# Uniform 8-polytope

In eight-dimensional geometry, an eight-dimensional polytope or 8-polytope is a polytope contained by 7-polytope facets. Each 6-polytope ridge being shared by exactly two 7-polytope facets.

 8-simplex Rectified 8-simplex Truncated 8-simplex Cantellated 8-simplex Runcinated 8-simplex Stericated 8-simplex Pentellated 8-simplex Hexicated 8-simplex Heptellated 8-simplex 8-orthoplex Rectified 8-orthoplex Truncated 8-orthoplex Cantellated 8-orthoplex Runcinated 8-orthoplex Hexicated 8-orthoplex Cantellated 8-cube Runcinated 8-cube Stericated 8-cube Pentellated 8-cube Hexicated 8-cube Heptellated 8-cube 8-cube Rectified 8-cube Truncated 8-cube 8-demicube Truncated 8-demicube Cantellated 8-demicube Runcinated 8-demicube Stericated 8-demicube Pentellated 8-demicube Hexicated 8-demicube 421 142 241

A uniform 8-polytope is one which is vertex-transitive, and constructed from uniform 7-polytope facets.

## Regular 8-polytopes

Regular 8-polytopes can be represented by the Schläfli symbol {p,q,r,s,t,u,v}, with v {p,q,r,s,t,u} 7-polytope facets around each peak.

There are exactly three such convex regular 8-polytopes:

1. {3,3,3,3,3,3,3} - 8-simplex
2. {4,3,3,3,3,3,3} - 8-cube
3. {3,3,3,3,3,3,4} - 8-orthoplex

There are no nonconvex regular 8-polytopes.

## Characteristics

The topology of any given 8-polytope is defined by its Betti numbers and torsion coefficients.[1]

The value of the Euler characteristic used to characterise polyhedra does not generalize usefully to higher dimensions, and is zero for all 8-polytopes, whatever their underlying topology. This inadequacy of the Euler characteristic to reliably distinguish between different topologies in higher dimensions led to the discovery of the more sophisticated Betti numbers.[1]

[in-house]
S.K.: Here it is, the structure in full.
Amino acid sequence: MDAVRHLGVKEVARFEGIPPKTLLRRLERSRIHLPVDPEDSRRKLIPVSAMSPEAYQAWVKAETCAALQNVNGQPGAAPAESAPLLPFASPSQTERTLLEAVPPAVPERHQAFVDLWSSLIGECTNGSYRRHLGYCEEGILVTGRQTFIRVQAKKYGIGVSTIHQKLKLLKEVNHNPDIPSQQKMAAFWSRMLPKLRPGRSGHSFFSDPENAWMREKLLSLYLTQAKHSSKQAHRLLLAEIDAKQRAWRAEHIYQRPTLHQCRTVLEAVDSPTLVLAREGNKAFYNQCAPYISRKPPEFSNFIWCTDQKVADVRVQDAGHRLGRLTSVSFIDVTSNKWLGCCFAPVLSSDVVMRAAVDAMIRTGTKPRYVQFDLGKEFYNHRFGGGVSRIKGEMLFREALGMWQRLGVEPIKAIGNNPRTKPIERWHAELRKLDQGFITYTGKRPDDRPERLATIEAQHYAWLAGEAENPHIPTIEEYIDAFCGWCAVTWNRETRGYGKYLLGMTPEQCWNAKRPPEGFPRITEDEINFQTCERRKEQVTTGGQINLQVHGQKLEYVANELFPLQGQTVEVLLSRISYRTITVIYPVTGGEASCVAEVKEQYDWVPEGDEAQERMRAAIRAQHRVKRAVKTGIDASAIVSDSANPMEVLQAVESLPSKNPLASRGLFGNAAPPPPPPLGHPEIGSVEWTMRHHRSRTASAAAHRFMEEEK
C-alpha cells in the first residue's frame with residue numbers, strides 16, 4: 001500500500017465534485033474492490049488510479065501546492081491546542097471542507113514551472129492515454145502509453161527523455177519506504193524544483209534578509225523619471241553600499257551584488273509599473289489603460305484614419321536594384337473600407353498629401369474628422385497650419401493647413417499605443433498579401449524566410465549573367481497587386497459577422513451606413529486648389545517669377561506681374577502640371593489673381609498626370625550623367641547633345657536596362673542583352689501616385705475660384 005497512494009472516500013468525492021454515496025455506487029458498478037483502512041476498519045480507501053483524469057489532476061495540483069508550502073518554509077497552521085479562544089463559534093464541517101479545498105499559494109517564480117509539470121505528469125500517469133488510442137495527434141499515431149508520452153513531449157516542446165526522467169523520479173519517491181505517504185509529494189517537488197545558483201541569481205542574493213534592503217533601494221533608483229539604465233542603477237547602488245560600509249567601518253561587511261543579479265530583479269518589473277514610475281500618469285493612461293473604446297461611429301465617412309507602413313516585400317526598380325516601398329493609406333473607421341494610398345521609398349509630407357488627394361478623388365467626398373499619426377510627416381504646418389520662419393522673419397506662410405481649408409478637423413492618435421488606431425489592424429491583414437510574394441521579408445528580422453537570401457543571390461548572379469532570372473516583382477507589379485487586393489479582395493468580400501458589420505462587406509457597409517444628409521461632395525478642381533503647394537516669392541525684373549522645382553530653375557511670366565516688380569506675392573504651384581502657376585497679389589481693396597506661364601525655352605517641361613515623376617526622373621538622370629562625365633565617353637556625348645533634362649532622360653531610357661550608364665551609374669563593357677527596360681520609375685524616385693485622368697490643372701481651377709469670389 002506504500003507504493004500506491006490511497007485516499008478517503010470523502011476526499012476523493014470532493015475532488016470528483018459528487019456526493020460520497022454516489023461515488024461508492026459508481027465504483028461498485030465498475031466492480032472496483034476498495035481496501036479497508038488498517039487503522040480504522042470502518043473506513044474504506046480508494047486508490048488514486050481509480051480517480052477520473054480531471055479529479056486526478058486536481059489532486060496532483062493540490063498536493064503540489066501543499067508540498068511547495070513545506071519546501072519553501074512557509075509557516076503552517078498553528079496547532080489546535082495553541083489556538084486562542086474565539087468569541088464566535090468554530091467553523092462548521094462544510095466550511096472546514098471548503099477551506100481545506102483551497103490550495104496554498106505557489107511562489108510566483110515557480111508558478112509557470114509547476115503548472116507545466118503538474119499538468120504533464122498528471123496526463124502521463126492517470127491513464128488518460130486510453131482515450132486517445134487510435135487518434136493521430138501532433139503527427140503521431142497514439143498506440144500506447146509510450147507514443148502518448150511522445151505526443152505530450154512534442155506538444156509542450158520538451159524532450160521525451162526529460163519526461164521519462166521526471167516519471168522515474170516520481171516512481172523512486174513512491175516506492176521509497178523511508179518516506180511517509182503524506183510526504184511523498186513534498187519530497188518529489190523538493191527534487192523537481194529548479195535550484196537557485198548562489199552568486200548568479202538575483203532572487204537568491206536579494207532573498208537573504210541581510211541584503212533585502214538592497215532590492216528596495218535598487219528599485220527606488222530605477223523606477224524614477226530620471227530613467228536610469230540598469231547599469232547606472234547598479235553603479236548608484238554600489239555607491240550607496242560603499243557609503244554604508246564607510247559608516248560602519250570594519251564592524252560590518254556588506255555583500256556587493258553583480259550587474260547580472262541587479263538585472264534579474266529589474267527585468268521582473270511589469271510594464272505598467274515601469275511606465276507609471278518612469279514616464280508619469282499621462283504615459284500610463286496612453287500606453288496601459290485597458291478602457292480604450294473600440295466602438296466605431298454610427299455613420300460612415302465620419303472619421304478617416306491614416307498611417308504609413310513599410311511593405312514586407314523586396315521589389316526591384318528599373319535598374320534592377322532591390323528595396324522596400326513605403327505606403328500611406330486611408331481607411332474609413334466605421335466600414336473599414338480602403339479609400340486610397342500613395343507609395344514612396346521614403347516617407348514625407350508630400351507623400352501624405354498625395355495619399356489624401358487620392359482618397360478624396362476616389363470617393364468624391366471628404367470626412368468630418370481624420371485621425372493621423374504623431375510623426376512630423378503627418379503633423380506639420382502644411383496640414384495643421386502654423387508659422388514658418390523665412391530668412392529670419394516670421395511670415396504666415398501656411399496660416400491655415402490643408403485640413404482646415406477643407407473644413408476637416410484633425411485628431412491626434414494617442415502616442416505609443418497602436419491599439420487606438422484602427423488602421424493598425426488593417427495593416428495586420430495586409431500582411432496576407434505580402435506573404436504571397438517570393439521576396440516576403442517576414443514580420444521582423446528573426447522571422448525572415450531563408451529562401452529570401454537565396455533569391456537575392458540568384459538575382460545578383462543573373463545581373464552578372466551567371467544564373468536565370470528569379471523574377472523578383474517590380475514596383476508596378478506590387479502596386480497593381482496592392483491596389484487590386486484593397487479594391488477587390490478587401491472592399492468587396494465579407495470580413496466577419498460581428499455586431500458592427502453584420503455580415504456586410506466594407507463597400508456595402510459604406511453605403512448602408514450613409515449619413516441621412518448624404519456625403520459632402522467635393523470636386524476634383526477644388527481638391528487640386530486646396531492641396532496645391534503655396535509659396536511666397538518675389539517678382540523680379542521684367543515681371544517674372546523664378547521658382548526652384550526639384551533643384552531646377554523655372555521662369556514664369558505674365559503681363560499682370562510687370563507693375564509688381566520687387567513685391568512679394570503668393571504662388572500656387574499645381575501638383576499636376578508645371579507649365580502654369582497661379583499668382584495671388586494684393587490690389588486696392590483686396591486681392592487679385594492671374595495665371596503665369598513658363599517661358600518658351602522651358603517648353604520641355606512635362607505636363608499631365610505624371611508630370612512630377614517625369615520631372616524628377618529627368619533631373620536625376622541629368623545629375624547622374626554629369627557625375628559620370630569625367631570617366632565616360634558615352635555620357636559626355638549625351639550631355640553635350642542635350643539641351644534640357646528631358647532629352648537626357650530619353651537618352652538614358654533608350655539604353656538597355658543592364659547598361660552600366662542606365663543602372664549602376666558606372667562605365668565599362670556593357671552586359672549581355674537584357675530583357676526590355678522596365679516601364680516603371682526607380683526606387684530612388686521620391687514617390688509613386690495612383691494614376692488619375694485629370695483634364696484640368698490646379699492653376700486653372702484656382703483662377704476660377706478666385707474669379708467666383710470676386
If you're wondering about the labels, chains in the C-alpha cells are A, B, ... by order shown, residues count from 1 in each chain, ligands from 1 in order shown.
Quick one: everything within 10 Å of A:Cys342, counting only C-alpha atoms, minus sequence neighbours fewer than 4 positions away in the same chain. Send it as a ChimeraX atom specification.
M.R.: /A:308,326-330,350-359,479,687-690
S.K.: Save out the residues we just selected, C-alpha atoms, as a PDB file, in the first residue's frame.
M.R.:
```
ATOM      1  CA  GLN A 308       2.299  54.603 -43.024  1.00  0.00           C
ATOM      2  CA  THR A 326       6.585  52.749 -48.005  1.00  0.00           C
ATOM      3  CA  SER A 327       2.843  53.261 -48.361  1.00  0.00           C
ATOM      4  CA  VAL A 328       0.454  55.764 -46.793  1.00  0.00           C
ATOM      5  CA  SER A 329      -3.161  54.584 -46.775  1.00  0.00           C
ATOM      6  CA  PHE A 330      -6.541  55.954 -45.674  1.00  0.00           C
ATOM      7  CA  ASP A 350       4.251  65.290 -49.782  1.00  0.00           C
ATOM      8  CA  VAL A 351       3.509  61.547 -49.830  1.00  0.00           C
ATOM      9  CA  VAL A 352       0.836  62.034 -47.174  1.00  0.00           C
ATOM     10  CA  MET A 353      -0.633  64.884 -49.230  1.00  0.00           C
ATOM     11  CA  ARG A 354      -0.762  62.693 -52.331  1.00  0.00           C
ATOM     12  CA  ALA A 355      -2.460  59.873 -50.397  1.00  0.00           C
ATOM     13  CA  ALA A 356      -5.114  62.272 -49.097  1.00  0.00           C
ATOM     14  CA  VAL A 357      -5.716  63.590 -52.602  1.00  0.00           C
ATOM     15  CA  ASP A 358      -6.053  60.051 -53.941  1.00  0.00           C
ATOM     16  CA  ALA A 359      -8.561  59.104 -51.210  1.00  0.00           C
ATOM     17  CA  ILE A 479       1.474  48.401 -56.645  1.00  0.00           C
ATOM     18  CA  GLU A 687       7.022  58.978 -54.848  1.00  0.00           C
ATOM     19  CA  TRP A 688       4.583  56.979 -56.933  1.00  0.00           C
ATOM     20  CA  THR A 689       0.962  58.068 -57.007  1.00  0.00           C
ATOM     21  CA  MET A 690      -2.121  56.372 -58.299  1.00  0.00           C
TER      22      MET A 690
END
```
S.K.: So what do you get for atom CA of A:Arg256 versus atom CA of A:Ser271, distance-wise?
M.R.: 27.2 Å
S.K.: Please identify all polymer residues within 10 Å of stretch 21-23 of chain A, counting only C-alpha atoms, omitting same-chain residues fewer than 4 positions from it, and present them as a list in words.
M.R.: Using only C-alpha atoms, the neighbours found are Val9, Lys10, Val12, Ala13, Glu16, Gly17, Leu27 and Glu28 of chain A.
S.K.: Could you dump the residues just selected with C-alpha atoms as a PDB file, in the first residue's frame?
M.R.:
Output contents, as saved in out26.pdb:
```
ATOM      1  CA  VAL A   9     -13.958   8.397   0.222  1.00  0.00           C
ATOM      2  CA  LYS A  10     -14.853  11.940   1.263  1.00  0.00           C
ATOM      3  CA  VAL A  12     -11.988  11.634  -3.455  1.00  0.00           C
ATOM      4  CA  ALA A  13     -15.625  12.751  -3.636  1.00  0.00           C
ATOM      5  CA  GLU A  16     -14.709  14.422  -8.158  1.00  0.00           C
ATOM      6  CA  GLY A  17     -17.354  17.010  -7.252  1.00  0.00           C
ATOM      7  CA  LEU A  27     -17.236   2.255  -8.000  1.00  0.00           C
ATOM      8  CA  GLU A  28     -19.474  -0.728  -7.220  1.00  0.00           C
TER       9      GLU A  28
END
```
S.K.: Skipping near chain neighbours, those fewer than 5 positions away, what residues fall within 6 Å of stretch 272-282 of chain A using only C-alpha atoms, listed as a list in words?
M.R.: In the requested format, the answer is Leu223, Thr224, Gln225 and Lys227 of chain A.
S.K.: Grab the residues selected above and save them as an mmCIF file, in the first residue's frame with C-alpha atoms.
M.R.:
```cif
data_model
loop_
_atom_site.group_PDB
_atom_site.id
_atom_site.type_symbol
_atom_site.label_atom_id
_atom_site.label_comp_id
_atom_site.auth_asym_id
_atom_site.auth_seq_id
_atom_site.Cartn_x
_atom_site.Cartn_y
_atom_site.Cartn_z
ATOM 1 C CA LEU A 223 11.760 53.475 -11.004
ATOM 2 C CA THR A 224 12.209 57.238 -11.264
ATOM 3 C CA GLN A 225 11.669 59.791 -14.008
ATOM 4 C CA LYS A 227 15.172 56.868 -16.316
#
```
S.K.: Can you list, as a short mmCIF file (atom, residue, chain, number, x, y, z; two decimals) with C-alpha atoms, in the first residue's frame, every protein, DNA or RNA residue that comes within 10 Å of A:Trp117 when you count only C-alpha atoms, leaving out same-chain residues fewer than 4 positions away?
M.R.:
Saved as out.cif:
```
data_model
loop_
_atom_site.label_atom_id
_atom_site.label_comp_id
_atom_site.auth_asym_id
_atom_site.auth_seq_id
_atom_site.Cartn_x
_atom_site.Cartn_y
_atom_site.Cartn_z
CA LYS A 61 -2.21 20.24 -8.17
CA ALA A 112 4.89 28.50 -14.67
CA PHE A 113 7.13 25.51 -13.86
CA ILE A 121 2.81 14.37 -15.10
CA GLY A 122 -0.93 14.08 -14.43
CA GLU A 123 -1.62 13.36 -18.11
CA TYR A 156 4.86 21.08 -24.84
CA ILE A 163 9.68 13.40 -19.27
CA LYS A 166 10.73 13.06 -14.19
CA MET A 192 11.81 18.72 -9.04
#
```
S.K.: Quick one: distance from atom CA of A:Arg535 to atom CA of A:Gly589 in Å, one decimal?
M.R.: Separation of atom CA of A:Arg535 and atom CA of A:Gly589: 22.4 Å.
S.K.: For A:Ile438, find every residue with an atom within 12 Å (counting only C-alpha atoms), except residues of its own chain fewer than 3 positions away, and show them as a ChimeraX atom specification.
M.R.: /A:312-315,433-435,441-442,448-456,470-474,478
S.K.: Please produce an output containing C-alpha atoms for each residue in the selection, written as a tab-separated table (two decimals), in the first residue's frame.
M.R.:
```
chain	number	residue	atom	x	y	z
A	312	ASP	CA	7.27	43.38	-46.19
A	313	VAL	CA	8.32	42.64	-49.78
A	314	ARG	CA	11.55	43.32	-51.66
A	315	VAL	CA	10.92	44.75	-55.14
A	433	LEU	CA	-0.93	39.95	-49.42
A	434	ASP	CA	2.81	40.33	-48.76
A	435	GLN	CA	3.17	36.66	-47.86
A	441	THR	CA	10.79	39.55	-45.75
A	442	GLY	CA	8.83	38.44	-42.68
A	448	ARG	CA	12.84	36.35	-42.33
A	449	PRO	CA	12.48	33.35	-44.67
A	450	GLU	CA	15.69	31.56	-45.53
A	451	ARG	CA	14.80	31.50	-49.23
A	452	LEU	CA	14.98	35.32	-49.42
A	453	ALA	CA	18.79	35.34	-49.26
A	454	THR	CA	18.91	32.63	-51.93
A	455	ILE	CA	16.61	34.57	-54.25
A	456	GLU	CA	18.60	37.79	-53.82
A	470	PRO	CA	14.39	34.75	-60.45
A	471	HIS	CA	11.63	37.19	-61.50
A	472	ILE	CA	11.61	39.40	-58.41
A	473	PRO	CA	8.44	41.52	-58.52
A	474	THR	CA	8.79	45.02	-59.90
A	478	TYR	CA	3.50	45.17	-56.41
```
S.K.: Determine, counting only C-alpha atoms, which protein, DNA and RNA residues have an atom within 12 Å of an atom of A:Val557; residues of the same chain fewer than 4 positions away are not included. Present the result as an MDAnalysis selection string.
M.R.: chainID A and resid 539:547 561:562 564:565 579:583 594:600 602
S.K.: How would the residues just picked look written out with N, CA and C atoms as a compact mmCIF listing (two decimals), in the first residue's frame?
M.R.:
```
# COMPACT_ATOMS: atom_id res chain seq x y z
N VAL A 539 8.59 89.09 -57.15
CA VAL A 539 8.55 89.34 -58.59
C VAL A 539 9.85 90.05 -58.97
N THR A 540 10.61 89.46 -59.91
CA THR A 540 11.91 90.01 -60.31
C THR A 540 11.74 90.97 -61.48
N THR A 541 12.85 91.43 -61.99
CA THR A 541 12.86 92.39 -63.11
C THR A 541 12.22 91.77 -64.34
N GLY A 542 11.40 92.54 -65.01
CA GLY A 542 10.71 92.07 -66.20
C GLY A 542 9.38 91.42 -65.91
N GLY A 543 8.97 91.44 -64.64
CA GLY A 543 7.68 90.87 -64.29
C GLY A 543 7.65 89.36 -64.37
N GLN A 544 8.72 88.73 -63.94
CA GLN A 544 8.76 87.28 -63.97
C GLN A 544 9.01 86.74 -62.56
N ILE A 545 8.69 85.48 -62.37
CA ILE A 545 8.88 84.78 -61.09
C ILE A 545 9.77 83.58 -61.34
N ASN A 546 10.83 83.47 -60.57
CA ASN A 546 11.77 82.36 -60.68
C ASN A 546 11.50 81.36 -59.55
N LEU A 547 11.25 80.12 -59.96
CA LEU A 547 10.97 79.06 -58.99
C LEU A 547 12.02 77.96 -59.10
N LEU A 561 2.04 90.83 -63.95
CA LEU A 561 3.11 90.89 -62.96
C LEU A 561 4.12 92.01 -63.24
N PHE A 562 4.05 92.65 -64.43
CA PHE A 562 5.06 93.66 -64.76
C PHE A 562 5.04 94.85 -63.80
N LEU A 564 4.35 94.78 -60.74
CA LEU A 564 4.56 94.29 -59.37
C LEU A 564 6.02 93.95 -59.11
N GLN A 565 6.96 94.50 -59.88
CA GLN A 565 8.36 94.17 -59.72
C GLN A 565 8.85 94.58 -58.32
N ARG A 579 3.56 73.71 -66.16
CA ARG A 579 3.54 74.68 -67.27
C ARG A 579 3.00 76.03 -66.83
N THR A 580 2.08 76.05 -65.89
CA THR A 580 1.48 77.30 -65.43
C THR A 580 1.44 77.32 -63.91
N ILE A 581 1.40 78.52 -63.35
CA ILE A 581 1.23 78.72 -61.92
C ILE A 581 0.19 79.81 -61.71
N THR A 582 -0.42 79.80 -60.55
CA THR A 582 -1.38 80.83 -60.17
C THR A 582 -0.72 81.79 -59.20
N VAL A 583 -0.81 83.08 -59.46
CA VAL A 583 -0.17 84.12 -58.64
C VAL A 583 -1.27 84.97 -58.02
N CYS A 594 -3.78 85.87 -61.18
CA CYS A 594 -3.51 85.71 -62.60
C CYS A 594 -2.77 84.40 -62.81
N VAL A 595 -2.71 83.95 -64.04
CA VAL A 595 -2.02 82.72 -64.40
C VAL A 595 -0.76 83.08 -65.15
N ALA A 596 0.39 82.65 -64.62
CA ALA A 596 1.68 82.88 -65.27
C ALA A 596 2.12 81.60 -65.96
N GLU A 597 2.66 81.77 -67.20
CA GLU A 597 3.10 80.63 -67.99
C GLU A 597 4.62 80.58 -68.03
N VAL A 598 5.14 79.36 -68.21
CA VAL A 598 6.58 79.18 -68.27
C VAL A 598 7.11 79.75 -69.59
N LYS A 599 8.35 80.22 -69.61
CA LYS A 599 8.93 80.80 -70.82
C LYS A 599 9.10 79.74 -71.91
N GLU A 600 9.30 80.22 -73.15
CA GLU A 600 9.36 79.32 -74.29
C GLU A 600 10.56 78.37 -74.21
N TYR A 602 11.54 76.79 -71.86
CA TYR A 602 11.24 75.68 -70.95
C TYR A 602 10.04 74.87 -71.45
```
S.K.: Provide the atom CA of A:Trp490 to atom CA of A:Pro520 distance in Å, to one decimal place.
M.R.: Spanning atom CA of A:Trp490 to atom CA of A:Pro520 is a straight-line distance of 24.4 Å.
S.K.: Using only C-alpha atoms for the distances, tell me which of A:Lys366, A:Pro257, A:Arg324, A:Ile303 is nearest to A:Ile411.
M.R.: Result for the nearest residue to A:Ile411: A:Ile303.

Similarly, the notion of orientability of a polyhedron is insufficient to characterise the surface twistings of toroidal polytopes, and this led to the use of torsion coefficients.[1]

## Uniform 8-polytopes by fundamental Coxeter groups

Uniform 8-polytopes with reflective symmetry can be generated by these four Coxeter groups, represented by permutations of rings of the Coxeter-Dynkin diagrams:

# Coxeter group Forms
1A8[37]135
2BC8[4,36]255
3D8[35,1,1]191 (64 unique)
4E8[34,2,1]255

Selected regular and uniform 8-polytopes from each family include:

1. Simplex family: A8 [37] -
• 135 uniform 8-polytopes as permutations of rings in the group diagram, including one regular:
1. {37} - 8-simplex or ennea-9-tope or enneazetton -
2. Hypercube/orthoplex family: B8 [4,36] -
• 255 uniform 8-polytopes as permutations of rings in the group diagram, including two regular ones:
1. {4,36} - 8-cube or octeract-
2. {36,4} - 8-orthoplex or octacross -
3. Demihypercube D8 family: [35,1,1] -
• 191 uniform 8-polytopes as permutations of rings in the group diagram, including:
1. {3,35,1} - 8-demicube or demiocteract, 151 - ; also as h{4,36} .
2. {3,3,3,3,3,31,1} - 8-orthoplex, 511 -
4. E-polytope family E8 family: [34,1,1] -
• 255 uniform 8-polytopes as permutations of rings in the group diagram, including:
1. {3,3,3,3,32,1} - Thorold Gosset's semiregular 421,
2. {3,34,2} - the uniform 142, ,
3. {3,3,34,1} - the uniform 241,

### Uniform prismatic forms

There are many uniform prismatic families, including:

### The A8 family

The A8 family has symmetry of order 362880 (9 factorial).

There are 135 forms based on all permutations of the Coxeter-Dynkin diagrams with one or more rings. (128+8-1 cases) These are all enumerated below. Bowers-style acronym names are given in parentheses for cross-referencing.

See also a list of 8-simplex polytopes for symmetric Coxeter plane graphs of these polytopes.

### The B8 family

The B8 family has symmetry of order 10321920 (8 factorial x 28). There are 255 forms based on all permutations of the Coxeter-Dynkin diagrams with one or more rings.